“During the 1992 presidential campaign, former President Clinton’s rallying cry was ‘It’s the Economy, Stupid.’ He sang it to perfection and won the election. Today, the smart politicians (and economists) should realize that ‘It’s the Money Supply, Stupid.’ ” Steve H. Hanke, ‘It’s the money supply, stupid.’ GlobeAsia, July 2012
Steve Hanke tells only half the truth in his fascinating article. He focuses on aggregate statistics on the amount of money circulating in the U.S. economy without acknowledging that this statistic is a money market equilibrium based on forces of demand as well as supply. Nevertheless, his analysis is important, not least because it draws attention, albeit indirectly, into the role played by insolvent and illiquid banks in prolonging the current economic downturn.
1. What counts as money?
Money takes the form of various types of financial assets that are used for transaction purposes and as a store of value. Money created by a monetary authority – notes, coins, and banks’ deposits at the monetary authority – represents the monetary base of an economy, sometimes called high-powered money. This category is imbued with the greates moneyness of all the categories of financial assets that are called money. The monetary base is ready to use wherever goods and services are exchanged for money.
In addition, there are many other financial assets, running from bank deposits at the commercial bank to short-term private securities, that possess varying degrees of moneyness. These other assets, in varying degrees, are substitutes for money, depending on the opportunity costs associated with exchanging them for base money. Note that when we sum these assets to the base to obtain an aggregate money statistic, they should not receive the same weights as the base. The weight indeed should decline the greater the opportunity cost of exchanging a particular financial asset for the base. Steve Hanke refers to the weight adjusted measure of money as ‘Divisia’ and recommends using the broadest measure available, namely Divisia 4. The divisia measure is composed of publicly-produced money (the base) and privately-produced money (the financial institutions).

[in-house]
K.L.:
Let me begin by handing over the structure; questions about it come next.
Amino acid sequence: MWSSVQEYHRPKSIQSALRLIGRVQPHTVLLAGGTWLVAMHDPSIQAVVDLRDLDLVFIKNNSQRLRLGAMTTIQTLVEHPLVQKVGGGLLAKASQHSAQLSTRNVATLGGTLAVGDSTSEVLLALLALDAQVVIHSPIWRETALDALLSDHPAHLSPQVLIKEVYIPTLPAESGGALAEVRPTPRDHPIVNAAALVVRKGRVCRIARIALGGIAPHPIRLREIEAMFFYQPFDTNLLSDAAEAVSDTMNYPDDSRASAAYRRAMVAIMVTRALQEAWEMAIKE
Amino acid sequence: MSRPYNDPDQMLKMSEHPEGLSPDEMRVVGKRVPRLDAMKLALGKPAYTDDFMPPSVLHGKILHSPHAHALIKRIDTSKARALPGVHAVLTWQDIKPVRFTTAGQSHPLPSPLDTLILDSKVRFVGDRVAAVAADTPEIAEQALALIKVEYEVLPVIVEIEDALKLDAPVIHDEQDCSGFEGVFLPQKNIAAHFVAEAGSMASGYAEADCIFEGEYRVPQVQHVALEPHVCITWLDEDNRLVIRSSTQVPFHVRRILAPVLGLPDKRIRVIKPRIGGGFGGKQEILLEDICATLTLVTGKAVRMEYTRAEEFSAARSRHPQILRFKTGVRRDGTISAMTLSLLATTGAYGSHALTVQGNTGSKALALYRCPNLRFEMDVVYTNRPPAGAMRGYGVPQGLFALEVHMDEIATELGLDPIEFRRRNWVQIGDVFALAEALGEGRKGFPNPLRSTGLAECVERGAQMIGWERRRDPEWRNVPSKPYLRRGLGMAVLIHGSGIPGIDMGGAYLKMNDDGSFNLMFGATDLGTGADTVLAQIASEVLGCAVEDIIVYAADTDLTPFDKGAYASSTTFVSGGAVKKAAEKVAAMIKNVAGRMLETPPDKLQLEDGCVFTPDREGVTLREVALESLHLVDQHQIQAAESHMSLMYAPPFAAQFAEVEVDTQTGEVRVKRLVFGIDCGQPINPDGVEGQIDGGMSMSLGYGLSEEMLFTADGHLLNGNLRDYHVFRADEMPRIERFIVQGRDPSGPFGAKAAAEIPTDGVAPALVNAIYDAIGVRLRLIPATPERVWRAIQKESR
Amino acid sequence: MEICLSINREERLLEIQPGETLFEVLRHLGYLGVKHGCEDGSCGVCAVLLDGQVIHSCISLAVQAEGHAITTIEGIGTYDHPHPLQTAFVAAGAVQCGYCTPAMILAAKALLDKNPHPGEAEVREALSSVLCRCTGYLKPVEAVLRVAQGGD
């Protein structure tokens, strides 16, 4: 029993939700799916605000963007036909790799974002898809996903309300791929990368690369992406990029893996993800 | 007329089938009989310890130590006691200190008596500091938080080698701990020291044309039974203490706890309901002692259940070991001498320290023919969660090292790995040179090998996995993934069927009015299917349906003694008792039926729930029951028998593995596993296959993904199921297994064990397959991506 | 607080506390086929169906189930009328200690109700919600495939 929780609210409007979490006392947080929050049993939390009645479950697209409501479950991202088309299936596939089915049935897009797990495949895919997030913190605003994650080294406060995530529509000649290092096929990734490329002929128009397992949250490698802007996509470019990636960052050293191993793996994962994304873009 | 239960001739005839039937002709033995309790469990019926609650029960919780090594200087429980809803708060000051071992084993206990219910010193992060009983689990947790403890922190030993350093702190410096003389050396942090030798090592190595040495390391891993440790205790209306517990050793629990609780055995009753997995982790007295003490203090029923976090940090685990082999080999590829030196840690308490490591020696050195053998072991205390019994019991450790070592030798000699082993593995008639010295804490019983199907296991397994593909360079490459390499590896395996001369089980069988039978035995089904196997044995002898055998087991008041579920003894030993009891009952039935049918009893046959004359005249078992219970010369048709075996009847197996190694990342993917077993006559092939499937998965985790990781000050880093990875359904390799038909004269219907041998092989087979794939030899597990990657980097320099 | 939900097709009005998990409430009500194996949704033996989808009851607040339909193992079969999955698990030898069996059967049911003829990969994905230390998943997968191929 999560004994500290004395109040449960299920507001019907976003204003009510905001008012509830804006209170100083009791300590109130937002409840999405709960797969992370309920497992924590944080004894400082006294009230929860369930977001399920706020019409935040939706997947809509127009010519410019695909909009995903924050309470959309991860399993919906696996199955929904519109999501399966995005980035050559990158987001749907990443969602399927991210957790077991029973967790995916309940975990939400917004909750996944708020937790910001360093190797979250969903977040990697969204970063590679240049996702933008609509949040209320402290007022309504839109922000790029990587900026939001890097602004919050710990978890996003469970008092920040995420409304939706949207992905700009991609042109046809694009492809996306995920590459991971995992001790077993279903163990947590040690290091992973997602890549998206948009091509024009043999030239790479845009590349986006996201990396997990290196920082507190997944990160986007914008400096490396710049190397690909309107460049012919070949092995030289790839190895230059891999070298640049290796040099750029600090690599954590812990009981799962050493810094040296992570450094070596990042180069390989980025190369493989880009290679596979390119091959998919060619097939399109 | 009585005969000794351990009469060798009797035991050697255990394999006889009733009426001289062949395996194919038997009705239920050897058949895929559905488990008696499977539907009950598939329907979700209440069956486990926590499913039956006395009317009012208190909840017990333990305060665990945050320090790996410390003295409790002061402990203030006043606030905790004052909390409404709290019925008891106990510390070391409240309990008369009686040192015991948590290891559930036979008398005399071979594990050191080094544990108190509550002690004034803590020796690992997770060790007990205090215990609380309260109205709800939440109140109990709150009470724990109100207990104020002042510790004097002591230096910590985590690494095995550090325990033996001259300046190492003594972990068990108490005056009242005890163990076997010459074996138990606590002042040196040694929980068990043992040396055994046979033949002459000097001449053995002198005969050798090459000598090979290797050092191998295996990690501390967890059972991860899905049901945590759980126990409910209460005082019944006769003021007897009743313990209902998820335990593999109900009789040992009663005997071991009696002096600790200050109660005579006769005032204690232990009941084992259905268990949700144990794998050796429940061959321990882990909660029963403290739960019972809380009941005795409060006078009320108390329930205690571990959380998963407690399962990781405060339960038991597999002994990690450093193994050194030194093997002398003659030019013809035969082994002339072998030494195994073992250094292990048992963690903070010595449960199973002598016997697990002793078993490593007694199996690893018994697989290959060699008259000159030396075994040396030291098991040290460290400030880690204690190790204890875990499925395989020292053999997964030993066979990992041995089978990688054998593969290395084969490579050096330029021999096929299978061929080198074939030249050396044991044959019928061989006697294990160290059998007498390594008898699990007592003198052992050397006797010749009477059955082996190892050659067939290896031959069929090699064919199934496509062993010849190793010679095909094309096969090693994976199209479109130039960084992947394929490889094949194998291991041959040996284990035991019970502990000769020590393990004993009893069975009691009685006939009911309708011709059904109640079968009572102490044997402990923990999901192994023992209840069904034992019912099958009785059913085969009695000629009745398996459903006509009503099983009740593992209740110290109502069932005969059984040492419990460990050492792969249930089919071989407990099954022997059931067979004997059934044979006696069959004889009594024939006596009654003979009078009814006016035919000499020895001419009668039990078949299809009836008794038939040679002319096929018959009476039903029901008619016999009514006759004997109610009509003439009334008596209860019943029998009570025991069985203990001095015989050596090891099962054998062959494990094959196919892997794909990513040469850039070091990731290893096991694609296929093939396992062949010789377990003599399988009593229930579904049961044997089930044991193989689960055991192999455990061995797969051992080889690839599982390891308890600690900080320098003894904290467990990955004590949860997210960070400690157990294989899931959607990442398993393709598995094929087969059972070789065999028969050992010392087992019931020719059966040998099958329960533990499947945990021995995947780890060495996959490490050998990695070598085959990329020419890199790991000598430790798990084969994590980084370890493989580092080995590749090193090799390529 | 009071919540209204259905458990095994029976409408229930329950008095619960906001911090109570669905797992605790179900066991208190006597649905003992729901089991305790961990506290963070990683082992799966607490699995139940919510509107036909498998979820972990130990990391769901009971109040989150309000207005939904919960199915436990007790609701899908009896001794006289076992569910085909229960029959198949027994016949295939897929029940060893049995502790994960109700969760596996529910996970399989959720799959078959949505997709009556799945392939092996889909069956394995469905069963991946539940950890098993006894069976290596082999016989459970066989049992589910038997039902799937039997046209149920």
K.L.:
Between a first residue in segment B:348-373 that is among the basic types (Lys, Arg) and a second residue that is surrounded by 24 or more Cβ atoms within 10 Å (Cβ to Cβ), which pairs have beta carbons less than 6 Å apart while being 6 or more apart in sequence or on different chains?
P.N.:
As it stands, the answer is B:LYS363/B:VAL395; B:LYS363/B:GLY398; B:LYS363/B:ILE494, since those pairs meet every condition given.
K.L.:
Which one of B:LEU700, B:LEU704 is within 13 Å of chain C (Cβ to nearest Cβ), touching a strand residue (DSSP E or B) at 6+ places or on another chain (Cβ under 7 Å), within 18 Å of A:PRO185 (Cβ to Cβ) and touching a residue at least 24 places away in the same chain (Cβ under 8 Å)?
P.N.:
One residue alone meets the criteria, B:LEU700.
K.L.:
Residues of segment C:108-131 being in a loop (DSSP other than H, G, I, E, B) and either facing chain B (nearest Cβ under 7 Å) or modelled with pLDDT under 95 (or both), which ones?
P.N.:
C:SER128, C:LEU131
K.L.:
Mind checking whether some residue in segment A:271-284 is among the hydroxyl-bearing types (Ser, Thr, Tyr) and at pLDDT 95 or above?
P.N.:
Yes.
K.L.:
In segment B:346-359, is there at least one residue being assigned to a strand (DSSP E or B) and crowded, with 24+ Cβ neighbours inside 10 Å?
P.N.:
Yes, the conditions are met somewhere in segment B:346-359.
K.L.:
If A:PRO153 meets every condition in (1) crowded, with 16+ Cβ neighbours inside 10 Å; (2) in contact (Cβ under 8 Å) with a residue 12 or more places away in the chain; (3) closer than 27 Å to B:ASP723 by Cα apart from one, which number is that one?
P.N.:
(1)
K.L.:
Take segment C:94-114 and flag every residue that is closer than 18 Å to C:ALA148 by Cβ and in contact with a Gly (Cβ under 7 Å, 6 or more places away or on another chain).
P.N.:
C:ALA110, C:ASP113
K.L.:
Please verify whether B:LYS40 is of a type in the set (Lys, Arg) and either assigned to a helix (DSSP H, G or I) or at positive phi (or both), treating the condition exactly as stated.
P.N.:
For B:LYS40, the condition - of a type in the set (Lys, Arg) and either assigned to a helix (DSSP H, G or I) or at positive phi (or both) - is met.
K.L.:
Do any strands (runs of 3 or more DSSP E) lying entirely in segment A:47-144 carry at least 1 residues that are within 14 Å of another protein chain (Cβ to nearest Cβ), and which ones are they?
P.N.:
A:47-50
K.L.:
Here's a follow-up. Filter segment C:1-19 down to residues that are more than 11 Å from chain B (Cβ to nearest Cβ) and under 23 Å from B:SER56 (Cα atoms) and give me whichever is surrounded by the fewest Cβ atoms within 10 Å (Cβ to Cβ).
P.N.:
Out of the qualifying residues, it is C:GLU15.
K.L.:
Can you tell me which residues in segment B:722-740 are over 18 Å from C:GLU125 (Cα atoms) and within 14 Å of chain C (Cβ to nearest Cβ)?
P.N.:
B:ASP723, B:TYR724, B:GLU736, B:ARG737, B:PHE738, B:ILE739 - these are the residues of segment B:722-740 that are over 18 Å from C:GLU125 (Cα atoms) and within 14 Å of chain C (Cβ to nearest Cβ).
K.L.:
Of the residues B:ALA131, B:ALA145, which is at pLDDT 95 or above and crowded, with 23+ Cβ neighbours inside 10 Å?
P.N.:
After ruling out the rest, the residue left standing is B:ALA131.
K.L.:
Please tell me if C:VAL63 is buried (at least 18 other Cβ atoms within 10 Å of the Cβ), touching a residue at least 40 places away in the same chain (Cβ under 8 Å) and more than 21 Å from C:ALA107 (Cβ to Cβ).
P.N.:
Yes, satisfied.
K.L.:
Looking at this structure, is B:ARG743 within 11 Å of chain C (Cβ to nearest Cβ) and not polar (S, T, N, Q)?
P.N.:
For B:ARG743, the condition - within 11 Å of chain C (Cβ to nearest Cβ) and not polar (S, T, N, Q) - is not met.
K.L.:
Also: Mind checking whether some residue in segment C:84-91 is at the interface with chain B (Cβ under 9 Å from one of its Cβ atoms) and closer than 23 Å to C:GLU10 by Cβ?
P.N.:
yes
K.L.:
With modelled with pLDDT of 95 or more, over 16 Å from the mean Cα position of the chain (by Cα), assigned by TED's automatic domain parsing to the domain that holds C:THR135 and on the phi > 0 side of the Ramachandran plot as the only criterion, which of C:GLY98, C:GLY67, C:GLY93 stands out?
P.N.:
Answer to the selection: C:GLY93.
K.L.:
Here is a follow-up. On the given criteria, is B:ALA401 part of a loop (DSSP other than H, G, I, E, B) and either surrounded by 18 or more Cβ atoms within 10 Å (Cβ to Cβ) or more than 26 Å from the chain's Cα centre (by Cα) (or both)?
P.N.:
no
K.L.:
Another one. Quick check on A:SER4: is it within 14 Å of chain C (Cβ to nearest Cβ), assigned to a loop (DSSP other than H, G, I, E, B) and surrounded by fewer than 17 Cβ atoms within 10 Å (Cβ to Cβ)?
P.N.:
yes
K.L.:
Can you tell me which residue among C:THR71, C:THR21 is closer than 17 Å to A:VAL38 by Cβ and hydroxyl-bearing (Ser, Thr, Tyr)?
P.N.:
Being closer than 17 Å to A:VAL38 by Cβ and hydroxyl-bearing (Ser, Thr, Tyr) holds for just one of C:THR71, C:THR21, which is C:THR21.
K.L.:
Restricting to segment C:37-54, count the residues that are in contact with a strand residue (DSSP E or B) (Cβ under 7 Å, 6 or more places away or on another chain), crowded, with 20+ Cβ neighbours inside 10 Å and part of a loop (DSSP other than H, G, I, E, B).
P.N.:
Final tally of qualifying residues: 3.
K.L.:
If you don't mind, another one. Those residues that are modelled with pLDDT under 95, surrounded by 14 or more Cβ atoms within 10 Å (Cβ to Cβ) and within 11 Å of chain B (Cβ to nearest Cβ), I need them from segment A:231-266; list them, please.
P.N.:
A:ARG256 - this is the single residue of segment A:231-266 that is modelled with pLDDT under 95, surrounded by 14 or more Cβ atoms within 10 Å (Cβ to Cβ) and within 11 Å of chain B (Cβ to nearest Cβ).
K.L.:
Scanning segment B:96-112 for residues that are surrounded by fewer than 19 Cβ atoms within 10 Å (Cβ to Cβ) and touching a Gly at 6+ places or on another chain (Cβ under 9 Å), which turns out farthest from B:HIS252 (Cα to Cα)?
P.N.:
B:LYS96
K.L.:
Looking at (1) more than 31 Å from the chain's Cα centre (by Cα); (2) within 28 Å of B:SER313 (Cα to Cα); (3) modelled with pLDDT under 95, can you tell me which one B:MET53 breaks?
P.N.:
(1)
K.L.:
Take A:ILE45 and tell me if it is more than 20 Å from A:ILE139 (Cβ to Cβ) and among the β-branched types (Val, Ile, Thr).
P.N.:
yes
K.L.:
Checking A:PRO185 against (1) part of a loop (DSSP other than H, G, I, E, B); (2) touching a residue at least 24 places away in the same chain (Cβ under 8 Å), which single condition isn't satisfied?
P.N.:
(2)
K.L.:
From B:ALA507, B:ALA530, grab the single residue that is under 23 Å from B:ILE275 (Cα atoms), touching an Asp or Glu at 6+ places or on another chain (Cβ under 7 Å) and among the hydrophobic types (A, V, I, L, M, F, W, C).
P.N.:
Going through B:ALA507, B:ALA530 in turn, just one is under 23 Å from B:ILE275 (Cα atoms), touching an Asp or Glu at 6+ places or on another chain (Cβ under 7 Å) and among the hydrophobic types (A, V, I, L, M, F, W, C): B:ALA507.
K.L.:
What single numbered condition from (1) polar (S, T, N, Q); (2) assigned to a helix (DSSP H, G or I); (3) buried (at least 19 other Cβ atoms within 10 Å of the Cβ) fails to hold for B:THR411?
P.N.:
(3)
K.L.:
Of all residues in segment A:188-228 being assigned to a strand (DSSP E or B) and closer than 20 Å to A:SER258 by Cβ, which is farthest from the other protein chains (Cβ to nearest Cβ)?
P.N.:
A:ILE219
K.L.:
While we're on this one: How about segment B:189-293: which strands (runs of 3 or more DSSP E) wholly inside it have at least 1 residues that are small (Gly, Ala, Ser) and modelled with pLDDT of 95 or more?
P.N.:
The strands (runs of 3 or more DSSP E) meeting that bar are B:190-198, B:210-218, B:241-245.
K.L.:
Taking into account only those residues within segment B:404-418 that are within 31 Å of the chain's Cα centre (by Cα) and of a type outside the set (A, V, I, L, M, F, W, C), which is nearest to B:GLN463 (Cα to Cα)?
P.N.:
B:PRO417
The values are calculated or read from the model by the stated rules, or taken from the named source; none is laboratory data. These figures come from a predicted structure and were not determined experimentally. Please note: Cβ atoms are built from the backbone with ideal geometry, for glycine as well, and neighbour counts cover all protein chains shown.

2. What is happening to Divisia 4 money?
This is where Hanke’s story bcomes interesting. In August 2008, base money, provided by the Federal Reserve amounted to just 5 percent of Divisia 4 money. The remaining 95 per cent was privately produced by financial institutions, including the banks. Since August 2008, the supply of publicly-produced money has more than tripled while privately-produced money has shrunk by 12.5 per cent. This has resulted in a decline in Divisia 4 money of almost 2 per cent. So in June 2012, base money has increased from 5 to 15 per cent of Divisia 4 money.
Should the earlier relationship between base and non-base money re-emerge (i.e. should the so-called money multiplier attaain its earlier magnitude) massive inflation would occur unless the Federal Reserve somehow could claw back the monetary base by two-thirds of its present size (without wrecking the economy).
3. Why is Divisia 4 so low?
That is the $64,000 question. In these columns I have argued that money supply is playing the major role in this suppressed equilibrium between supply and demand. The major banks and financial institutions in the United States had played themselves into insolvency or massive illiquidity by September 2008. They should have been liquidated, cleansing their failure and allowing new banks to emerge unemcumbered by past debt.
Government bailouts prevented that solution. In consequence, banks and financial institutions are unable or unwilling to lend to small businesses and to finance consumer borrowing. This constrains the money multiplier and significantly retards economic recovery.
Secondly, because of uncertainties raised by poor Keynesian macro-policies on the part of the Obama administration, money demand has been lowered within the private sector. There is, if you will, a capital strike afoot against the Obama administration, right across the business sector.
If Obama is tossed out of office in November 2012, the capital strike will disappear and a significant increase in money demand will occur. At that point, investors who have protected themselves against inflation will fare well. Others will suffer greatly.
So Moody’s downgrading of five of the six biggest U.S. banks on June 21, 2012, will further reduce the Divisia 4 monetary equilibrium, will further retard economic recovery, and should, if voters are sufficiently alert, hammer the final nails into Barack Obama’s one-term presidential coffin on November 6, 2012.
The downgrading may also set in motion market cleansing forces that lead to bank liquidations and provide the basis for a sustainable long-term recovery on the basis of competitive- instead of crony-capitalism throughout the U.S. financial sector.